I completely agree with you about using recipes as an inspiration more than an architechural plan. I almost never Mise en Place. Somehow I feel far more creative when I don’t. And I think about the fact that my mother and grandmother couldn’t even tell you what Mise en Place means much less do it. And they were fine cooks.

Instead my kitchen is kind of it’s own Mise en Place. The spices I use most often are in class jars on my counter. A shelf I put up handy to the counter holds my flour, sugar, olive oil and vinegars. Other large glass containers hold my rices and beans and my salt and pepper mill never leave my stove. Anyone who walks into my kitchen knows it is well used.

5. by Hank Sawtelle on Mar 31, 2009 at 8:03 AM PDT

I like “meezing” things to some degree before I turn on the heat, because I am less stressed out during the actual cooking and I enjoy it more. Whether it’s strictly necessary depends on what you’re cooking. Once the first ingredient of a stir-fry hits the hot wok, prep time is over and you are going with what you can reach. On the other hand if you are making a stew, who cares if you want to spend 20 minutes with the fridge open looking for more stuff to throw in while it simmers?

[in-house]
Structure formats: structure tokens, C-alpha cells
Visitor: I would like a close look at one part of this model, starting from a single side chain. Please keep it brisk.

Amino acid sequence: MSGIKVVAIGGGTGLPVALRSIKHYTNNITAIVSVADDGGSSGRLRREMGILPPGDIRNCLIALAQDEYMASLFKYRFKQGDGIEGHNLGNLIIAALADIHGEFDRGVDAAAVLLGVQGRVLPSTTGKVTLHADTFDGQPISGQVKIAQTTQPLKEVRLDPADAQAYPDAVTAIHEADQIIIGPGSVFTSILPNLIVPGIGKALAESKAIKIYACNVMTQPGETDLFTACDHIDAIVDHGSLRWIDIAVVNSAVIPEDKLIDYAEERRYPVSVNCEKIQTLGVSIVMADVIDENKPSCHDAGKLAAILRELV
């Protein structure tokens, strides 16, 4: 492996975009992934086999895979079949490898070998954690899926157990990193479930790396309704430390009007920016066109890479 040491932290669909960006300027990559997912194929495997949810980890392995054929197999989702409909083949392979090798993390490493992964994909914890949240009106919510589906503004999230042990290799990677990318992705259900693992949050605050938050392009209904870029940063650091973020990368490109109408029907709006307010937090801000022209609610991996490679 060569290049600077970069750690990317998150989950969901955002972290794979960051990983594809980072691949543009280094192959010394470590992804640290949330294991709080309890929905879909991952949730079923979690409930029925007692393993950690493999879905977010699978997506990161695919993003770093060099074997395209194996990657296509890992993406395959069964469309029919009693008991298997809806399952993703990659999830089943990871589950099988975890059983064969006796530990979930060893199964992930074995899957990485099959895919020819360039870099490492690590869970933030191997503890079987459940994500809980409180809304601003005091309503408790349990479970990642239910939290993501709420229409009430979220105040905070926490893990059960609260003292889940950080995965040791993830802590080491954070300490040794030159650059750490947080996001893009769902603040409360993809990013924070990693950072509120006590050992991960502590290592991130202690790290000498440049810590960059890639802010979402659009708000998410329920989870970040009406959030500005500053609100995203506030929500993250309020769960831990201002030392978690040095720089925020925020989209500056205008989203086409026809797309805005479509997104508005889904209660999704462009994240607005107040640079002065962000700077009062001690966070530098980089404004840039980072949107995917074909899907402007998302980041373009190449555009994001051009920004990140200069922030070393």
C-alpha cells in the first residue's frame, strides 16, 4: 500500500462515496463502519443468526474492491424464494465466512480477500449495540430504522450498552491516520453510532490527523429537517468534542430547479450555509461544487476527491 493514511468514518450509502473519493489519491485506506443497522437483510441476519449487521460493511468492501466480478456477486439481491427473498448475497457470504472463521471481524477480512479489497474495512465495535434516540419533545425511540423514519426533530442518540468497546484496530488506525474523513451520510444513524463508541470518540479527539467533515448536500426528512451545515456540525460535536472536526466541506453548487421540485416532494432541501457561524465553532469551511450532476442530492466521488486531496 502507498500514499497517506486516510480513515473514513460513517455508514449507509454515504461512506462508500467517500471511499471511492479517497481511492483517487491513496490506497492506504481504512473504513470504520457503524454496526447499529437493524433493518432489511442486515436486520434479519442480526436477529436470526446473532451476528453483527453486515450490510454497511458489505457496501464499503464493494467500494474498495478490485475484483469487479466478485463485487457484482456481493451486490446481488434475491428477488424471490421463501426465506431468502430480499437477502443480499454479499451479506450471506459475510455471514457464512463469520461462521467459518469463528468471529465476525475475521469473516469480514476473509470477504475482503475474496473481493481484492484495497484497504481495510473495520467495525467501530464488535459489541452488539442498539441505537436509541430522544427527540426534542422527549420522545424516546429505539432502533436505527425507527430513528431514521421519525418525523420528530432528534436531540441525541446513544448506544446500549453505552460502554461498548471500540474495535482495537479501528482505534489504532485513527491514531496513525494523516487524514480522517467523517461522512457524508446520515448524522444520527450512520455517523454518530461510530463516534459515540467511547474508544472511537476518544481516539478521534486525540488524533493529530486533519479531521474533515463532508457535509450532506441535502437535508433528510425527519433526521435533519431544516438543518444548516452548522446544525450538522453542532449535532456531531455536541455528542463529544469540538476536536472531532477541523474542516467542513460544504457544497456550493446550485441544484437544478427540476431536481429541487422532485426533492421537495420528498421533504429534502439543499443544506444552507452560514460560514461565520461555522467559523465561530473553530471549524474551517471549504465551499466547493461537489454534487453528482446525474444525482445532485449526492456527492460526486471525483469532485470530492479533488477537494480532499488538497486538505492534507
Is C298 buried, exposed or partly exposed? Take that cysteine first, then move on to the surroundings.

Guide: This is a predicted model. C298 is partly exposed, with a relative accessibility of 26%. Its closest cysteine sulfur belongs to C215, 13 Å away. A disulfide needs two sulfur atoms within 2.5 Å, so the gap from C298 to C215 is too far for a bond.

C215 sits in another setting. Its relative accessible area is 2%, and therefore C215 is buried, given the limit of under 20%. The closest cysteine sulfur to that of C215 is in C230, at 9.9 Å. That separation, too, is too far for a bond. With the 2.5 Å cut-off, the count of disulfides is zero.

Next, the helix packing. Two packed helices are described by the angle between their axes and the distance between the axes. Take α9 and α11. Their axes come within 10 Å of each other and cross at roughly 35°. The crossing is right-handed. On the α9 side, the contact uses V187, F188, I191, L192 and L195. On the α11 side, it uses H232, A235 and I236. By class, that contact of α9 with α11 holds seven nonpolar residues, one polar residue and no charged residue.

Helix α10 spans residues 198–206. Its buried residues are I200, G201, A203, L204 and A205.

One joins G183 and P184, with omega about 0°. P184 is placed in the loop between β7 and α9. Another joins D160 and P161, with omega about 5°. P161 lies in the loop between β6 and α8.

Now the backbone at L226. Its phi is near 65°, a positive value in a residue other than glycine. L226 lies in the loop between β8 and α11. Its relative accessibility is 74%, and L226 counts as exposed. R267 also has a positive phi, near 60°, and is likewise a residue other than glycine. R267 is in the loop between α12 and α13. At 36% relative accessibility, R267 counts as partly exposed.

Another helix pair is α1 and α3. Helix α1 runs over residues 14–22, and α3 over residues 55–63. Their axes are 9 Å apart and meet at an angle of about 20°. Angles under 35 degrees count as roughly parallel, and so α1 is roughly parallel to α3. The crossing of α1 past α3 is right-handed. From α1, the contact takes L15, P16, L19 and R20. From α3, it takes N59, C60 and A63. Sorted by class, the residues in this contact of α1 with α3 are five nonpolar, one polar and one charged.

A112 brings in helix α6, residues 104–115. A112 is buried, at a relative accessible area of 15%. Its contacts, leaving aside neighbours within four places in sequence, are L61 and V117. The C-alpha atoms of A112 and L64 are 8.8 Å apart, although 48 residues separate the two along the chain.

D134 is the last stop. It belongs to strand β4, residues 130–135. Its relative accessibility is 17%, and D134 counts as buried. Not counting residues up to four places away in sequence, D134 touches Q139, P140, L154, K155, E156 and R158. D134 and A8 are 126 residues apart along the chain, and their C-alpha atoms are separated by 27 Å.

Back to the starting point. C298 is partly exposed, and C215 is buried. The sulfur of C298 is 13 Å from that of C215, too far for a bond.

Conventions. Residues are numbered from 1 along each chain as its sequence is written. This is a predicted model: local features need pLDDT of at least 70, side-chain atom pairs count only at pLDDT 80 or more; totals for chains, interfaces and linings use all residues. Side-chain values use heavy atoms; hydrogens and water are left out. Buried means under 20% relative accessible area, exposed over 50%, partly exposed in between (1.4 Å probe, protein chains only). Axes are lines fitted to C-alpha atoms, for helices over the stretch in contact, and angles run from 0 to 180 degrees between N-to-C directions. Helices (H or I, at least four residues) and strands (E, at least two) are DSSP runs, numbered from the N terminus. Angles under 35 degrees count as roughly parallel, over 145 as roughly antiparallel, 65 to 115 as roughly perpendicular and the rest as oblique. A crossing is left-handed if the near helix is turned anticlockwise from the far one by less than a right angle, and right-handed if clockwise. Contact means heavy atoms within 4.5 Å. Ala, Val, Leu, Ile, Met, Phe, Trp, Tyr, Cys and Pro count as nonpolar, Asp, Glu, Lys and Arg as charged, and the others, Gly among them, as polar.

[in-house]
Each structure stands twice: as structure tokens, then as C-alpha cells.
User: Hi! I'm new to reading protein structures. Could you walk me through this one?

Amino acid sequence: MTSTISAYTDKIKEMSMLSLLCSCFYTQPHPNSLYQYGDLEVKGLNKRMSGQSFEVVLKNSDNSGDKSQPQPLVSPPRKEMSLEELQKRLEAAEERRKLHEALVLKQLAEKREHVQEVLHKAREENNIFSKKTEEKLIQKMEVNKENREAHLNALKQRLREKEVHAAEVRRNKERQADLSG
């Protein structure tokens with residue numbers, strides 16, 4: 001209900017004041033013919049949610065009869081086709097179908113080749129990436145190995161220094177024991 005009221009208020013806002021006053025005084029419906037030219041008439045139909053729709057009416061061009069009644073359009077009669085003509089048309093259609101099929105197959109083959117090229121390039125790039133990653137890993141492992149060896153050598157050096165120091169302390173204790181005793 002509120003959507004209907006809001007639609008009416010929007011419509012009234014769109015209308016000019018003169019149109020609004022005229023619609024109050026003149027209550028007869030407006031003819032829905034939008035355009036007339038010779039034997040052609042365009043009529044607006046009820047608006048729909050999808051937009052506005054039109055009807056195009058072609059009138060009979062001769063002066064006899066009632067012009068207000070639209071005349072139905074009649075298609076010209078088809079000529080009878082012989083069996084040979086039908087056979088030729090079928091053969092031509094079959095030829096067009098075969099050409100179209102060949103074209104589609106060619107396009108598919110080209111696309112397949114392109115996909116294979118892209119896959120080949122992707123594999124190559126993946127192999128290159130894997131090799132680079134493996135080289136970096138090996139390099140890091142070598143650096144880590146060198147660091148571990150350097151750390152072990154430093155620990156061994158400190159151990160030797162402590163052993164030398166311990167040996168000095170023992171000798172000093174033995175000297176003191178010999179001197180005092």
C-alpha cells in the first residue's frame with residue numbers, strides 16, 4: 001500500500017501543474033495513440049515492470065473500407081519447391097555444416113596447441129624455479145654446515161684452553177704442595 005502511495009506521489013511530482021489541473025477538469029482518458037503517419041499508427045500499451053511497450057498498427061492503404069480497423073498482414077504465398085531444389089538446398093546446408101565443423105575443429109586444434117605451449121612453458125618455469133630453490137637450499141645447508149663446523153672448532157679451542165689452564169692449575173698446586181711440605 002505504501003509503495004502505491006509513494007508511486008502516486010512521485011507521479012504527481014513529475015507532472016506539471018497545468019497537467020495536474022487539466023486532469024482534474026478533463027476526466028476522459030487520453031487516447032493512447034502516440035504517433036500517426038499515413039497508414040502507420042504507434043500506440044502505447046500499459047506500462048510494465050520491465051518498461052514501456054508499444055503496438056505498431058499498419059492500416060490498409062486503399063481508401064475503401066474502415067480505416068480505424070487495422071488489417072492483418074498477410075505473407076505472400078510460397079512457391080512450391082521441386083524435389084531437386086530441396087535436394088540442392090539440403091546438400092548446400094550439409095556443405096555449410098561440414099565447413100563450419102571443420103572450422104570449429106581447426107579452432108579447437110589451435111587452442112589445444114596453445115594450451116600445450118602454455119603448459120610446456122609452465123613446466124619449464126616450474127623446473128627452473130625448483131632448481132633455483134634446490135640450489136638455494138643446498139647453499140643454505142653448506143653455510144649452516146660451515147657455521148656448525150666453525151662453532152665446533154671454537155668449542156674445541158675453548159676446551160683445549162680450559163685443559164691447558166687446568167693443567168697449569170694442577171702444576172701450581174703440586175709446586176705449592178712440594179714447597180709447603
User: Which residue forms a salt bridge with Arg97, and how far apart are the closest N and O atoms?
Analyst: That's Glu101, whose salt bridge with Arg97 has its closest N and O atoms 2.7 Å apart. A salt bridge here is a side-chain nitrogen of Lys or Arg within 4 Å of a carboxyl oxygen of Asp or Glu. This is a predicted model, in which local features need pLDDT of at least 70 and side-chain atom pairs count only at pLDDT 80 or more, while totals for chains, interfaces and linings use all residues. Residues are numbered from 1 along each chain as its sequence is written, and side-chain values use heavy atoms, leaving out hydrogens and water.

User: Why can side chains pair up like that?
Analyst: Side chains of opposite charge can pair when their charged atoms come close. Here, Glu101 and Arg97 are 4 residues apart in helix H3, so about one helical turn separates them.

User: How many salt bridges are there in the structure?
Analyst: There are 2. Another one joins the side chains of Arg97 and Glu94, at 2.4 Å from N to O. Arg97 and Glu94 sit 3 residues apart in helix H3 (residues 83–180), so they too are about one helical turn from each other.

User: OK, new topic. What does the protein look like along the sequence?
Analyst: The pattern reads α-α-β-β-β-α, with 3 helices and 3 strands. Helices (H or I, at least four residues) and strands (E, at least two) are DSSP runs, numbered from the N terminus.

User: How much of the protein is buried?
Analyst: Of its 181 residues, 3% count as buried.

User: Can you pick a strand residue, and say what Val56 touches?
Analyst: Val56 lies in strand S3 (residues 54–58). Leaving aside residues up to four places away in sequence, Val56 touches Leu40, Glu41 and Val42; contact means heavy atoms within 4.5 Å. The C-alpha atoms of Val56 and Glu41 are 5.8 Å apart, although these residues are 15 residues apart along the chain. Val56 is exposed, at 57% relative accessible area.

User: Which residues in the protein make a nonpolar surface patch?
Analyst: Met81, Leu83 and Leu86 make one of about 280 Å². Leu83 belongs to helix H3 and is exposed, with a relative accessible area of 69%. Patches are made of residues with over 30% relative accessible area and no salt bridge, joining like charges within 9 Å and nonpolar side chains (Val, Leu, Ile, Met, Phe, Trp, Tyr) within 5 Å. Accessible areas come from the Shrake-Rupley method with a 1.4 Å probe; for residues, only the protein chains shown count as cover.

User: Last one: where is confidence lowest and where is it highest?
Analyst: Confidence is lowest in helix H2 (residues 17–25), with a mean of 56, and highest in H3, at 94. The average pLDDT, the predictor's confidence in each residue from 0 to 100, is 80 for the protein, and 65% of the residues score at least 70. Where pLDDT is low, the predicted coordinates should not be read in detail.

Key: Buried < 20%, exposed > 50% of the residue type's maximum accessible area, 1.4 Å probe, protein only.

I don’t think recipes and MEP are mutually exclusive/inclusive. Many of my meals are based on what I have in my fridge/pantry that needs to be used soon. I pull that stuff out and come up with a game plan. I might use a recipe as a guide, or it might be memory or inspiration, or a combination of the three. Then common sense determines what prep needs to be done ahead of time. If I’m using tarragon leaves as a garnish, I’ll pick and cut them ahead of time rather than doing it while the food is getting cold. But if I’m using sherry vinegar, I’ll probably just grab the bottle and put it next to the stove. If I’m braising, I know I’ll have time to prep the garnish or sides while the food cooks. Etc.

Recipes are good when they provide ideas and inspiration, and important ratios (as Opus mentioned for baking). They are bad when they have people using “1/4 tsp salt, 1/2 tsp vinegar” without tasting/adjusting/balancing key elements like salt and sour. That is where the real cooking comes in.

I think a big thing that psyches some people out is knife skills - when you’re confident selecting, maintaining, and using a decent knife, prep is faster and more fun. It seems less a chore than just part of the process.

6. by Robert Reynolds on Mar 31, 2009 at 11:41 AM PDT

Remember to breathe deeply, relax, and have fun.

7. by KAB on Mar 31, 2009 at 1:38 PM PDT

I’m a big “meezer” (great word...thanks Hank!), for many of the reasons outlined. I hate feeling rushed to get the next item chopped while something is sautéing. It’s almost necessary while making paella on the grill with so many ingredients. And it frees up the time (Jake?) to chop some new ingredient if the fancy strikes.

8. by DawnHeather Simmons on Mar 31, 2009 at 4:59 PM PDT